The F-35’s Helmet Mounted Display Systems (HMDS) provide pilots with unprecedented situational awareness. All the information pilots need to complete their missions – airspeed, heading, altitude, targeting information and warnings – is projected on the helmet’s visor. The F-35’s Distributed Aperture System (DAS) is a 360-degree, spherical situational awareness system. The DAS streams real-time imagery to the helmet from six infrared cameras mounted around the aircraft allowing pilots to “look through” the airplane. Using this technology, pilots can see the entire environment surrounding them from any orientation, no matter which way the pilot is looking. Additionally, the DAS provides missile detection and tracking, situational awareness ISR, weapons support, navigation, fire control, and precision tracking of friendly aircraft for tactical maneuvering.
The F-35’s Active Electronically Scanned Array (AESA) radar enables pilots to effectively engage air and ground targets at long range.
The F-35’s Electro-Optical Targeting System (EOTS) is the first and only sensor that combines forward-looking infrared (FLIR) and infrared search and track (IRST) functionality. The system further enhances F-35 pilots’ situational awareness and provides precision air-to-air and air-to-surface targeting capabilities.
Training for the future
The F-35 aircraft is intended to provide the bulk of the manned tactical airpower of the U.S. Air Force, Navy, and Marine Corps over the coming decades. The JSF program was designed to replace the U.S. military’s F-16, A-10, F/A-18, and AV-8B fighter aircraft. The state-of-the-art F-35 aircraft is dramatically more effective than legacy fighters in air-to-air and air-to-ground combat, reconnaissance and suppression of enemy air defenses.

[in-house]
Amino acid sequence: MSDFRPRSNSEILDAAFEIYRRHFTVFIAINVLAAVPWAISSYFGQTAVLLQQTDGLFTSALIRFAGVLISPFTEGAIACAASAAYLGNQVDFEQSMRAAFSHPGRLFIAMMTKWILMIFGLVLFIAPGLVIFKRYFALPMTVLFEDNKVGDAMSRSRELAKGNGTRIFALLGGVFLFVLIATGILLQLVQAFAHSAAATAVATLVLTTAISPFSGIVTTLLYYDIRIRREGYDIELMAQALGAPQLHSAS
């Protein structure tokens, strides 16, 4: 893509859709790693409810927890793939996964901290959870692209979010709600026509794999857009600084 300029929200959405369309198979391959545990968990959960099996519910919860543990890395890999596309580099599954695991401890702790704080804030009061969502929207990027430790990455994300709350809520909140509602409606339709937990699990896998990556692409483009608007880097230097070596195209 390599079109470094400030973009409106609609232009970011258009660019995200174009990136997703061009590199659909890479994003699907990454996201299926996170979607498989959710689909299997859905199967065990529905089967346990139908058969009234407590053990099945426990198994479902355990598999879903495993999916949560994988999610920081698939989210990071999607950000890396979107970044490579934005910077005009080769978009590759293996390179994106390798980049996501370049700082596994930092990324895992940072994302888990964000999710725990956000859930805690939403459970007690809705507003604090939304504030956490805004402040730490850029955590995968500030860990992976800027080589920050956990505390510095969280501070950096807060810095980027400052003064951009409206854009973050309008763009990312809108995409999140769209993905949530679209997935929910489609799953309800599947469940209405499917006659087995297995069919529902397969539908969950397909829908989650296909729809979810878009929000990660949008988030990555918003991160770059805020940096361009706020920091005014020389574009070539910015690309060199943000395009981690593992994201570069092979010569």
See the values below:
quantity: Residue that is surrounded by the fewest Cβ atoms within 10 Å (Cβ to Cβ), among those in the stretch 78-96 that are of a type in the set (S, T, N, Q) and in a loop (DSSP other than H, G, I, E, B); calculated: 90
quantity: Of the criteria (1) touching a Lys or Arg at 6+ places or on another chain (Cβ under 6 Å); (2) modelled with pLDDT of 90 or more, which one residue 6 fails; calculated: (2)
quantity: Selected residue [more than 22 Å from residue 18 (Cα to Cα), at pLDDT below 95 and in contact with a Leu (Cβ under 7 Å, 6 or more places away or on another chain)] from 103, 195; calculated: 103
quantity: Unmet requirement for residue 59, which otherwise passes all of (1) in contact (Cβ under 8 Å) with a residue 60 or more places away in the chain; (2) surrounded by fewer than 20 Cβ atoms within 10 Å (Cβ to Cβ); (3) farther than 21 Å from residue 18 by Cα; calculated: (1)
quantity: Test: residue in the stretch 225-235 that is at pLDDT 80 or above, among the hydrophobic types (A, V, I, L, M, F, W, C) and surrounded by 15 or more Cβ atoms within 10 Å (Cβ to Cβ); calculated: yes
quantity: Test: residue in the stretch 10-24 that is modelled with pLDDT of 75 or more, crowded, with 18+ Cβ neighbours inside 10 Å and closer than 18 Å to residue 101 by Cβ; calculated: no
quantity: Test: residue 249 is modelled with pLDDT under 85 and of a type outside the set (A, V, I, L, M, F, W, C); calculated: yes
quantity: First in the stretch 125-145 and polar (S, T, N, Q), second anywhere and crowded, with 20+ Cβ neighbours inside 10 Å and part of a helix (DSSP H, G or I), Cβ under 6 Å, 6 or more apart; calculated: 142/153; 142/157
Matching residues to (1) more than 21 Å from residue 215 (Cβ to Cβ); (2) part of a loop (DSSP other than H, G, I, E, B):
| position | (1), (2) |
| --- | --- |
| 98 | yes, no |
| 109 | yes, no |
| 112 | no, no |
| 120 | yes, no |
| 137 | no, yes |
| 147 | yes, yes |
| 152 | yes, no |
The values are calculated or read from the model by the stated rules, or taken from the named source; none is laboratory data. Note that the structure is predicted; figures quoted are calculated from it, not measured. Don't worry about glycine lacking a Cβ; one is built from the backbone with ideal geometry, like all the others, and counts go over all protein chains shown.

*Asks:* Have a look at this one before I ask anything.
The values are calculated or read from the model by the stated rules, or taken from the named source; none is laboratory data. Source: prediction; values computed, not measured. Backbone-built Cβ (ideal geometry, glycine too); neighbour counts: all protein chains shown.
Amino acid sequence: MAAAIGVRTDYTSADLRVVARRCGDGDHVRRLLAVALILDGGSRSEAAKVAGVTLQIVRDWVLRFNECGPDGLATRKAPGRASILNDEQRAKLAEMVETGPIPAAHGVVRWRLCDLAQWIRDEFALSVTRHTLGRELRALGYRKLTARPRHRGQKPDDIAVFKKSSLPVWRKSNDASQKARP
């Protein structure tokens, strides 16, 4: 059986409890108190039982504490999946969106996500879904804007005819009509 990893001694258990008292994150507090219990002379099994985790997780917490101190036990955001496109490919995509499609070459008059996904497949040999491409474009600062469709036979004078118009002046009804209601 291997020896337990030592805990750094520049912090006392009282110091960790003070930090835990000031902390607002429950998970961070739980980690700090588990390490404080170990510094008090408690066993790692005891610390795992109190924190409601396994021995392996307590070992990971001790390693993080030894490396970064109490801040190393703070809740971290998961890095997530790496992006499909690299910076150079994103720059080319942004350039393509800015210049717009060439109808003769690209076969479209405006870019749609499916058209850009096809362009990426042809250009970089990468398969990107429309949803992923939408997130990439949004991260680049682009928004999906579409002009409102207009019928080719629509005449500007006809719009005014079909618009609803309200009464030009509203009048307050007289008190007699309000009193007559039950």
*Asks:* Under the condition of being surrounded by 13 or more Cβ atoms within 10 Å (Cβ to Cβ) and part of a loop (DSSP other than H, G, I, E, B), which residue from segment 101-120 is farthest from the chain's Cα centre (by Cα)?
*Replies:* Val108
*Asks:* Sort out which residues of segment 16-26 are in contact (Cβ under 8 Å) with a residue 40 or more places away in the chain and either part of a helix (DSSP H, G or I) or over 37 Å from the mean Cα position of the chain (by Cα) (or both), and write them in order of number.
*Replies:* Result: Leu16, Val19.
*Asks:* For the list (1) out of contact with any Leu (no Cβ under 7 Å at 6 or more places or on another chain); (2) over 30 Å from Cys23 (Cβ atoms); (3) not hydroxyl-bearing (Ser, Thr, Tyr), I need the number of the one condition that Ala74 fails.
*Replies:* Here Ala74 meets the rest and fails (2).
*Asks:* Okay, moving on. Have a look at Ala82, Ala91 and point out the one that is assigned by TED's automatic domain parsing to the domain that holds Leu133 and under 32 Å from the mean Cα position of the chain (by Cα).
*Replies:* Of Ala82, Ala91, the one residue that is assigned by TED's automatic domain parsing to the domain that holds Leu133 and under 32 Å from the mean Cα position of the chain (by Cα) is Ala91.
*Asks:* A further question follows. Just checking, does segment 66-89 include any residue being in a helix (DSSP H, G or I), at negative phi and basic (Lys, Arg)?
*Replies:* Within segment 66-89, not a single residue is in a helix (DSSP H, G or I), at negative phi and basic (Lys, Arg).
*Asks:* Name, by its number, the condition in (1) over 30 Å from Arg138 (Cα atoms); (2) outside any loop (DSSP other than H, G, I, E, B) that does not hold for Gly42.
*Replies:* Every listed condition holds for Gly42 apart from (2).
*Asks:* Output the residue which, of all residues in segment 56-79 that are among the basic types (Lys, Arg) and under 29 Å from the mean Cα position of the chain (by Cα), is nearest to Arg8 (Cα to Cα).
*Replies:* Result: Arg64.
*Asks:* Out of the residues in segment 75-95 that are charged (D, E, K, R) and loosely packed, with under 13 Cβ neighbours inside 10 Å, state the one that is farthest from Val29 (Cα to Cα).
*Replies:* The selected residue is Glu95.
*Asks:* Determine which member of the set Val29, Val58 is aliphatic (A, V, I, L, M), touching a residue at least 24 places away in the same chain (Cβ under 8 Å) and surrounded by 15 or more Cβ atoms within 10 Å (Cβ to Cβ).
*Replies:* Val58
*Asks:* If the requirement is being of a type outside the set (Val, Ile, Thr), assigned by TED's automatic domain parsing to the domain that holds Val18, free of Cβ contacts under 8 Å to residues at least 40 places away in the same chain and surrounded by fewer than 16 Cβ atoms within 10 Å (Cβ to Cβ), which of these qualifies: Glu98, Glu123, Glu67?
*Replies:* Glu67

The F-35 Lightning II was conceived with participation from nine major partner nations: United States, United Kingdom, Italy, Netherlands, Canada, Turkey, Australia, Norway and Denmark. The nine partner nations plan to acquire over 3,100 F-35s through 2035.
Founded in 1987, RGB Spectrum provides innovative solutions for the display, recording, and distribution of audio and video content. RGB Spectrum's products are preferred by major, global organizations in corporate, security, medical, educational, government and defense/aerospace markets.
About the author
Michael Callahan is a Product Marketing Manager for RGB Spectrum, specializing in video wall processor, multiviewer, and codec product lines. Spanning his 37-year sales and marketing career, he has been involved with manufacturers in the inception of the PC market and the evolution of the audiovisual industry.